Cory Carlton, co-founder of Both Hands Financial Group in Brentwood, Tennessee, said that people need to research their Medicare options carefully before signing up for this coverage. There are different types of Medicare coverage, and each comes with its own pluses and minuses.

Carlton recommends that people work with insurance advisors before signing up for any Medicare plan. These advisors will consider their clients’ financial and health goals before recommending a Medicare package for them.

"This is one of the single biggest decisions people make that affect their retirement," Carlton said. "Making sure you have the right plan is vital to making sure you never run out of income and manage your expenses. Medicare is often confusing, and people can't afford to get it wrong. Often, they make decisions based on how they have always made health insurance decisions. That can cost them thousands of dollars for the rest of their life."

Long-term care: An important decision as you age

Sidney Divine, financial planner and owner of Divine Wealth Strategies in Atlanta, said that people approaching retirement should start researching long-term care insurance, too.

This type of insurance, as its name suggests, is designed to help cover the costs of long-term medical care, services or support. This insurance can help you pay for stays in nursing homes or assisted-living facilities, hospice care or medical services that you receive in your home on a long-term basis.

"A lot of retirees I see don't have this insurance and don't expect that they will need it going forward," Divine said. "The costs can tend to be pretty high, but it's smart coverage as it would protect retirement assets should care be needed."

This coverage isn't cheap. LongTermCare.gov said that in 2007 the average long-term care insurance policy cost $2,207 a year. The cost of this insurance will vary significantly depending on the age at which you purchase a policy. AARP says that this insurance will cost less if you buy it when you are younger and in good health.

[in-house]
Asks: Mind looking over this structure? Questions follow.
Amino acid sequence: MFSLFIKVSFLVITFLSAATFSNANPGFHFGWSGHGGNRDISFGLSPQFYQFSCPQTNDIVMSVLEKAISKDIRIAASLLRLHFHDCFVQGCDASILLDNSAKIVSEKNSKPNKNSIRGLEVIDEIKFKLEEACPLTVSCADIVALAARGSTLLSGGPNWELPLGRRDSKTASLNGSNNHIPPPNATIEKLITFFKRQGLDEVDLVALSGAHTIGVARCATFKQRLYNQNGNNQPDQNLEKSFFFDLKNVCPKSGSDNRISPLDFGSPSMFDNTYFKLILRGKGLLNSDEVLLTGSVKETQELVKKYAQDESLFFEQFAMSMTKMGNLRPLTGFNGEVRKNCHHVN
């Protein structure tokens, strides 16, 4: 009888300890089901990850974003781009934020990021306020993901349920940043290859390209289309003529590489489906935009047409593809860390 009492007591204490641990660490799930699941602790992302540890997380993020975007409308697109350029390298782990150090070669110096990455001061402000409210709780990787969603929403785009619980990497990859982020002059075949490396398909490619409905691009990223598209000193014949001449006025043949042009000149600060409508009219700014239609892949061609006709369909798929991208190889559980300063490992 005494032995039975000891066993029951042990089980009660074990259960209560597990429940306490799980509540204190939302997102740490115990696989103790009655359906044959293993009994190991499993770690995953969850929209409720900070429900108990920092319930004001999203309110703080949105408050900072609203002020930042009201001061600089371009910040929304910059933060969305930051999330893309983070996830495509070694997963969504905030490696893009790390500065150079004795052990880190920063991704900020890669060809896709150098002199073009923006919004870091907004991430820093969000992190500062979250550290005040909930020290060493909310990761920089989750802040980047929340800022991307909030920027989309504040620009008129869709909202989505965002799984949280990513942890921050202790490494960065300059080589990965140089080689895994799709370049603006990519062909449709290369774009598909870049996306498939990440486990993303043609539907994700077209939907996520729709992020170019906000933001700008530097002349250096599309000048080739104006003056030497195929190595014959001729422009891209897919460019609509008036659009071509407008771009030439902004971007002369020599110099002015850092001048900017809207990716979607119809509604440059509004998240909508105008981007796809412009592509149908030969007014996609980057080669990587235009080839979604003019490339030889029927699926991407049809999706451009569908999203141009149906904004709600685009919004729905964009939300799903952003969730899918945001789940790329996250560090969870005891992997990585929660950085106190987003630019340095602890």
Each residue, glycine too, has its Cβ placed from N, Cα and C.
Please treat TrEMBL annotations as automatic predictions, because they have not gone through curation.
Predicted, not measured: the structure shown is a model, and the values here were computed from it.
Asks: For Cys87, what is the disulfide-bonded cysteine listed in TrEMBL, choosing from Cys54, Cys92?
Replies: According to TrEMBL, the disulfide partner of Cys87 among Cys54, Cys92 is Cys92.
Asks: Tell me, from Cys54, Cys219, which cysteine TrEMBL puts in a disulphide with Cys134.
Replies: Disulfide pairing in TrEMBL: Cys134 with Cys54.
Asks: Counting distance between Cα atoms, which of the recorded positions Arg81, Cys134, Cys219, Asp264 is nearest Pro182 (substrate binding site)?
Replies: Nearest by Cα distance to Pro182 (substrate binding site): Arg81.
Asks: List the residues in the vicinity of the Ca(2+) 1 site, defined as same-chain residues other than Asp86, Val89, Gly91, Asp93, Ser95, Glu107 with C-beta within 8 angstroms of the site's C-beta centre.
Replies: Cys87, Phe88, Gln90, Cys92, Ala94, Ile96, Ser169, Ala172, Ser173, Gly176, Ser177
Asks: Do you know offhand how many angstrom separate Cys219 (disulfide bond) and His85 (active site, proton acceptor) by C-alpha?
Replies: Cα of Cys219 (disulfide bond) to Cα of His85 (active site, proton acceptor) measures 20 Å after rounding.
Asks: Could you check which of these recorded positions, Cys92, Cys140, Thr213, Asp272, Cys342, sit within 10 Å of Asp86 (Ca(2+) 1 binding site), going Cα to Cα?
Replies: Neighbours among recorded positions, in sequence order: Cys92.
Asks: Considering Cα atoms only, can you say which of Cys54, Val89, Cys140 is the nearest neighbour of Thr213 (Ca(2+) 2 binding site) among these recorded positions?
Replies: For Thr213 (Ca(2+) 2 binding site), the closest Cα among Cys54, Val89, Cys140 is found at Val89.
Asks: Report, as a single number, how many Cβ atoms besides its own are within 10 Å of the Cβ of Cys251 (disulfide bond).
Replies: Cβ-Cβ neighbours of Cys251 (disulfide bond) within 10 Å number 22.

"Long-term care insurance helps older people stay in their home and avoid a nursing home," said Tom Rieske, managing director with LTCI Partners, a provider of long-term care insurance in Lake Forest, Illinois. "With an aging population and a shrinking labor force, quality care is expensive and long-term care insurance can help. Plans are surprisingly affordable if they are bought when people are in their 50s and early 60s. But good health is a must to qualify."

Rieske said that if people buy long-term care insurance early enough, they can expect to pay premiums of about $100 a month for more than $100,000 in coverage.

Life insurance: Not as expendable as you think

You might think you can cancel your life insurance policies after retirement. Maybe you can, if you are no longer providing financial assistance to any dependents. But what if you have a child with special needs? You might want to keep a life insurance policy so that this child can continue to receive financial assistance if you should die, Gerstman said.

"You might think that your kids are grown and out of the house, so life insurance is no longer necessary," Gerstman said. "But if there is not a sufficient nest egg to take care of your surviving spouse or your children might need help after you are gone, you might want to continue your life insurance coverage. I see more and more retirees carrying life insurance into retirement with them."